Leonardo Boff is professor emeritus of ethics, philosophy of religion and ecology at Rio de Janeiro State University.
Many people wonder why, as a theologian and a philosopher by training, I should address topics that are alien to these disciplines, such as ecology, politics, global warming and others.
I always reply: I do pure theology, but I also deal with other topics
simply because I am a theologian. "The job of a theologian," as Thomas Aquinas, the master theologian of them all, explained in the first question of the Summa Theologica, "is to study God and divine revelation, and after that, everything else 'in the light of God'(sub ratione Dei), because God is the beginning and the end of everything."
Therefore, it is also the job of theology to deal with other things that are not God, but to do it «in the light of God. To talk both of God and of things is an almost impossible task. First: How can one talk of God, if God does not fit in any dictionary? Second: how can one think about everything else, if the knowledge about them is so great that no one person can master it all? Logically, it is not a question of talking about the economy as an economist would, or about politics as a politician would, but to talk about such subjects from the perspective of God, which presupposes a prior knowledge of those realities in a critical and non-disingenuous form, with respect for their autonomy and recognizing their more solid results. Only after this hard labor, can a theologian ask: How do these realities remain when confronted with God? How do they fit into a more transcendent vision of life and history?
To do theology is not a task like any other, such as going to the movies or the theater. It is a pretty serious undertaking, because God, which is not a tangible object like everything else is, is the category to work with. This is why there is no sense in seeking for the particle God in the confines of matter or inside the Higgs Field. That would suppose that God were part of the world. I do not believe in that God. It would be part of the world and not God. I accept the words of the subtle Franciscan theologian, John Duns Scotus who wrote: "If God exists like things exist, then God does not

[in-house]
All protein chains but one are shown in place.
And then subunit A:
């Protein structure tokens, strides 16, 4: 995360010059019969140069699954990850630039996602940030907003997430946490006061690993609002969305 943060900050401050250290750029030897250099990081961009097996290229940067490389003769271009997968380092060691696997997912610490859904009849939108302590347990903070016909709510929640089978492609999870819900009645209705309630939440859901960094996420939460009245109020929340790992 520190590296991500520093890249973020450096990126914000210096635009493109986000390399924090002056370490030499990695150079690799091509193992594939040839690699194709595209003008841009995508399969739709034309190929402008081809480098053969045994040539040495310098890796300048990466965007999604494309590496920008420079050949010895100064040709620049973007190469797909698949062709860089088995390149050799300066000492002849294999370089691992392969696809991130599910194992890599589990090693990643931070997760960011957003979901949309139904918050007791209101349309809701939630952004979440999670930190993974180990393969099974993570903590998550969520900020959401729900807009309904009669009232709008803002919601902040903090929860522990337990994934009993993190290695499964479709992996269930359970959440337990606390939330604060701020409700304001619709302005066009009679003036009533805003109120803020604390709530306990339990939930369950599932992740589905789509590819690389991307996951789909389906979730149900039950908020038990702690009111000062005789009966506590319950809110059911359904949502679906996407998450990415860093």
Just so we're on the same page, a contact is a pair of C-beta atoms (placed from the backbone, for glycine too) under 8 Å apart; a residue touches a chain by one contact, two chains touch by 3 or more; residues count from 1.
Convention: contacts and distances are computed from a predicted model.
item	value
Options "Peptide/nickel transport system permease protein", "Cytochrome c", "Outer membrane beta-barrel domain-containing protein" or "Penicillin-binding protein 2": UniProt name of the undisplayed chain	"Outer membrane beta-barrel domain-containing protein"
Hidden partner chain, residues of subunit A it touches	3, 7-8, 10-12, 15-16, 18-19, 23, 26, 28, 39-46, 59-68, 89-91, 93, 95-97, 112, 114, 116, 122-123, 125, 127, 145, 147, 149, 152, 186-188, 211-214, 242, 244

This is, God does not belong to the order of things that can be found
and described. God is the Precondition and the Support for those things to exist. Without God, things would have remained in nothingness or would return to nothingness. This is the nature of God: not to be a thing, but the Origin of things.
I apply to God as Origin what the Orientals apply to the force that
permits them to think: the force by which the thought thinks, can not
be thought. The Origin of things, cannot be a thing.
As deduced, doing theology is complicated. Henri Lacordaire, the great French orator, aptly said: "The Catholic doctor is an almost impossible man. He has to know the depths of faith and the facts of the papacy and also what Saint Paul calls, 'Elements of The World'; this is, all. All." Let us recall what René Descartes said in Discourse on the Method, the basis of modern supreme knowledge: "If I wanted to do theology, I would have to be more than a man." And Erasmus of Rotterdam, the great wise man of the time of the
There is something superhuman in the profession of theology." It is not surprising that Martin Heidegger said that a philosophy which has not faced theological questions, has plainly not plumbed its depths. I say this not to
glorify theology, but as a confession that its task is almost impossible, something I feel every day.
Logically, there is a theology that does not deserve the name, because is lazy and refuses to think of God. It only thinks what others have thought or what the popes have said.
My sense of the world tells me that now theology as theology has to proclaim out loud: we must conserve nature and enter into harmony with the universe, because they are the great book God has given us. That is where one finds what God wants to tell us. Since we did not bother to read that book, God gave us another, the Scriptures, Christian and of other peoples, for us to learn again that we must read the book of nature. Now nature is being devastated. And with nature, we destroy our access to the revelation of God. We must then talk of nature and of the world in the light of God and of reason. Without preserving nature and the world, the sacred books would lose their meaning, which is to teach us again to read nature and the world. The theological discourse has, then, its place along with all other discourses.
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